Chrischurch City Council CEO Tony Maryatt gets a 14% pay rise to $540,000 when people are still using toilets in the street? Where's the spirit of the blitz? Because true leadership speaks of sacrifice
From a distance, Canterbury politics look as swampy as the land the city is built on. Environment Canterbury argued for so many years about a plan for its own water supply that it was taken over by government. Now, Christchurch City Council's incredibly clumsy support for a pay rise for its CEO is prompting complaints about dysfunction and disunity.
The last thing the government wants is to march in a replace a second elected council with commissioners – to remove democracy once can look strong if people are convinced the problems are sufficiently intractable; to do it twice looks power-hungry. Instead, when Local Government Minister Nick Smith talks to councillors tomorrow I'm sure it will be to tell them to stop bitching at each other and look out at the needs of their broken city and its people.
Yet what Smith must remember is that unity isn't the be-all and end-all.
Councillors are elected to represent a range of views. It's all very well to go on about pulling together, cohesion and the like, but a functional council should be arguing, dissenting and learning from each other, not just towing the line in the interests of quick progress. Better to get it right after debate than get it done quickly but poorly in a fit of well-intentioned "unity".
After so many months of earthquakes, it's difficult times down there and will be for some, but that's no reason to suspend all critical thinking.
And some criticism of Tony Maryatt's pay rise is certainly worth the effort. The decision to increase the CEO's salary by $68,000 – from $470,000 p.a. to $540,000 – is poor politically, psychologically, economically and, crucially, in terms of civic leadership.
I don't know the internal politics at play; perhaps Maryatt is a genius, perhaps he's being played by enemies with a less than public-minded agenda. Regardless of all that, there's only one decision that can possibly be made, only one decision that should ever have been made.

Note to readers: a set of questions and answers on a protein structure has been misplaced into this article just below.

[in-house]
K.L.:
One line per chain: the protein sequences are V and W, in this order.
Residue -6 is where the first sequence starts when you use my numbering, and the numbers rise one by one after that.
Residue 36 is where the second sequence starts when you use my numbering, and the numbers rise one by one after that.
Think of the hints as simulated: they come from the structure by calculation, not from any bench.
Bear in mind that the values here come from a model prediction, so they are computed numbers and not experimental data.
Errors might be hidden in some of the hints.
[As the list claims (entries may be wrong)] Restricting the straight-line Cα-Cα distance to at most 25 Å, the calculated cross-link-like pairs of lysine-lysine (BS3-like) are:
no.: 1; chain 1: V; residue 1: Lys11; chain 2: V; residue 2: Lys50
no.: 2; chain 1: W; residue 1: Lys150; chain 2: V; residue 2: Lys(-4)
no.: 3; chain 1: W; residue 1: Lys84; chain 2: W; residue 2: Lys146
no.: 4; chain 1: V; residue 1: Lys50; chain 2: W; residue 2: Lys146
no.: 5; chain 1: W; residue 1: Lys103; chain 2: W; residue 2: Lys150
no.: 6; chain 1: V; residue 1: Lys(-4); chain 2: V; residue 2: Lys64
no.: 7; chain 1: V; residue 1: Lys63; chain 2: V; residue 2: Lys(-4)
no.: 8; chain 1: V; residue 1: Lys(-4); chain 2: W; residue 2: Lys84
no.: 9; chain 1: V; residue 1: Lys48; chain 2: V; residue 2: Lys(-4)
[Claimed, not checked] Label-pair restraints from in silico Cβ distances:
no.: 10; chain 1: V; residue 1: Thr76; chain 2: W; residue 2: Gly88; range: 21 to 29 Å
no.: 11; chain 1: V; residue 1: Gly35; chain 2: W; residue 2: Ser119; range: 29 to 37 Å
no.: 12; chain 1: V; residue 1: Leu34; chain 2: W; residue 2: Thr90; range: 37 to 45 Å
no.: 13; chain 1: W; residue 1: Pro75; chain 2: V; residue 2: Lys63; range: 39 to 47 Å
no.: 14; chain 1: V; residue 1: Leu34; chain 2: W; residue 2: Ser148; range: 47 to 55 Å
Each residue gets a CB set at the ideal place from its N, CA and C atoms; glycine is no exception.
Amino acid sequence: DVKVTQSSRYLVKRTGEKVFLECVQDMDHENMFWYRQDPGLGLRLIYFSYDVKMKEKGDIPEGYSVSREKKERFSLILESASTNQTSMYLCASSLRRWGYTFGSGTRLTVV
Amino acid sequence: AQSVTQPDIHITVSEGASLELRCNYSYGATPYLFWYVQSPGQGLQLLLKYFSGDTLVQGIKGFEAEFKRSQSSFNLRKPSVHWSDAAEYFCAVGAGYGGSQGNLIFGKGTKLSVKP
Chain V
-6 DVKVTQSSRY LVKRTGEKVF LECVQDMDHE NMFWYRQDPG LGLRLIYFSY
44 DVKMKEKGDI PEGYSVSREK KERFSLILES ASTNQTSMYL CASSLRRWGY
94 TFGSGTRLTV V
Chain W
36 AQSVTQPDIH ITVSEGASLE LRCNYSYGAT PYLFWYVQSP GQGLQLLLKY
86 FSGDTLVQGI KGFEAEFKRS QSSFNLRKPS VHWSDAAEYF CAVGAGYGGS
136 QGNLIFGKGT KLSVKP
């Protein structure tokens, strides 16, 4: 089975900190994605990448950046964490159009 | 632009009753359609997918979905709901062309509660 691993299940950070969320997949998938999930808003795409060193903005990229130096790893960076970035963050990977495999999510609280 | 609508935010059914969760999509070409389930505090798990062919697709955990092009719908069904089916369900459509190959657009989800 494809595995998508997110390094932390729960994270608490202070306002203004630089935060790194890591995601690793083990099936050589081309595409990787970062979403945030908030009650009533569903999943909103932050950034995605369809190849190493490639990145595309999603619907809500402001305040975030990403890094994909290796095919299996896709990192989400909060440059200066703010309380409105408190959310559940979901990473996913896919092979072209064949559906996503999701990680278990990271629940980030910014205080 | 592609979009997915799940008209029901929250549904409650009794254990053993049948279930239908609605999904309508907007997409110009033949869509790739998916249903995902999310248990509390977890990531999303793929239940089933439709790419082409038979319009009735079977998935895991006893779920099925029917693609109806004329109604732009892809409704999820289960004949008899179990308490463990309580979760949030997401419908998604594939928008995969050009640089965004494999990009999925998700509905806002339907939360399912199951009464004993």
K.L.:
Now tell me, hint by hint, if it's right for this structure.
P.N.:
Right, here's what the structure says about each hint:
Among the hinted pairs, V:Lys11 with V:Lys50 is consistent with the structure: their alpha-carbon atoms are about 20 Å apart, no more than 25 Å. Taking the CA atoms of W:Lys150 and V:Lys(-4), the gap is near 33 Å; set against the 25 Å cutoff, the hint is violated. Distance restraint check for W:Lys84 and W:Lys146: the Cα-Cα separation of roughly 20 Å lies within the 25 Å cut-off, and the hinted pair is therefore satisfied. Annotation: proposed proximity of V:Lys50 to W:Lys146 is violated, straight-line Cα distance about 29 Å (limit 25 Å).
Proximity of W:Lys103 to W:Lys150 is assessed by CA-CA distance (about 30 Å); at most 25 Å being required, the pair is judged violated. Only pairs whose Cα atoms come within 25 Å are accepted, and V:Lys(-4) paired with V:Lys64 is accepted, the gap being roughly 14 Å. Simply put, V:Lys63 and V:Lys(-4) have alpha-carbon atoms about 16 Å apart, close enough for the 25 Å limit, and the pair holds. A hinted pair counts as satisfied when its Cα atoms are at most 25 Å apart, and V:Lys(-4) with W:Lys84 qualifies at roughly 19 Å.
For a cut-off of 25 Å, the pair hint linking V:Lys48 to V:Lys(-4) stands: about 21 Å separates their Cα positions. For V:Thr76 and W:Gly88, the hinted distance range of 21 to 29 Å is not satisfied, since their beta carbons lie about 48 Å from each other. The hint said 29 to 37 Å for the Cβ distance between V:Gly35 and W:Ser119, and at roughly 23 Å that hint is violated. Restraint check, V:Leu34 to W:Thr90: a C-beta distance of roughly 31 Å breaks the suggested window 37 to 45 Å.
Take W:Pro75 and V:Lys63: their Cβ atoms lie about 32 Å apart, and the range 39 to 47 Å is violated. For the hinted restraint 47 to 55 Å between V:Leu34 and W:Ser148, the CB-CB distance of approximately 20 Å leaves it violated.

No pay rise. Not 14 percent, not anything above inflation. It's just the good and proper thing to do. It's called leadership.
As Earthquake Recovery Minister Gerry Brownlee likes to remind us, Christchurch is still in the midst of an ongoing seismic event. This ain't over. It's too soon to repair all the sewers, it's too soon to have all the claims sorted, and it's too soon to talk of rebuilding. So it's certainly too soon to start putting up pay.
Not mention that the global economy has been weak to catastrophic for the past four years and people around the world thank their lucky stars they have a job these days.
Where's Occupy Christchurch when you need them? Talk about the out-of-touch 1%!
It's like voting the London CEO a pay rise just before Christmas 1940 in the middle of the blitz. Or like the captain of that cruise ship in Italy getting off before the last passenger. It speaks of self-interest and greed rather than service, sending entirely the wrong signal.
When you've still got people dragging themselves out to loos in the street and people paying rates for houses they can't live in, money and attention should not be going to the CEO's wallet.
The emphasis should still be on shared sacrifice. That's the message Christchurch's leaders must be sending and signalling in all they do. Think back to the memorial service last year and Bob Parker's own speech in praise of the "selfless" people of Christchurch and of honouring the lost. Those words need to have roots in every action the council takes.
Echoing the spirit of the Student Volunteer Army, the message of the city's leaders should be they are willing to take the trials and tribulations alongside the people they serve. If that's not the CEO's key concern, he should go work in the private sector. And you know what? If the people you serve aren't the key concern of any private sector CEO, I wouldn't hold out much hope for any business he runs either.
Today, Parker has been digging a deeper hole for himself and his key manager by suggesting that Maryatt will now reconsider the raise if the council commits to greater unity.
"I think he's definitely saying I want to see an outcome, I want to see real commitment from the council to work together cohesively and respectfully," said Parker.
Who the jiggetty does Maryatt think he is? He's a servant of the council, not its nanny or conscience.
The way Parker has framed it almost sounds like blackmail – I'll let go the money, but only if you tow the line. Again, the takeaway message is all wrong.
The council is now talking of releasing the advice it received before it voted for the raise, and even Maryatt's performance review. Given that it's been more than 24 working days since the vote, I'm amazed an OIA request hasn't forced some of that into the public arena already. But releasing the performance review of an unelected manager may be a step too far.
Still, the advice, while interesting and informative, is ultimately irrelevant. Whatever the advice, the opportunity was there for Maryatt and the council to put sacrifice ahead of money, to show they understood what leadership means in a time of trial. It's not like they haven't risen to the task before.
But this is an epic fail and one that should be corrected and apologised for promptly, so the council can get back to arguing about more substantial issues.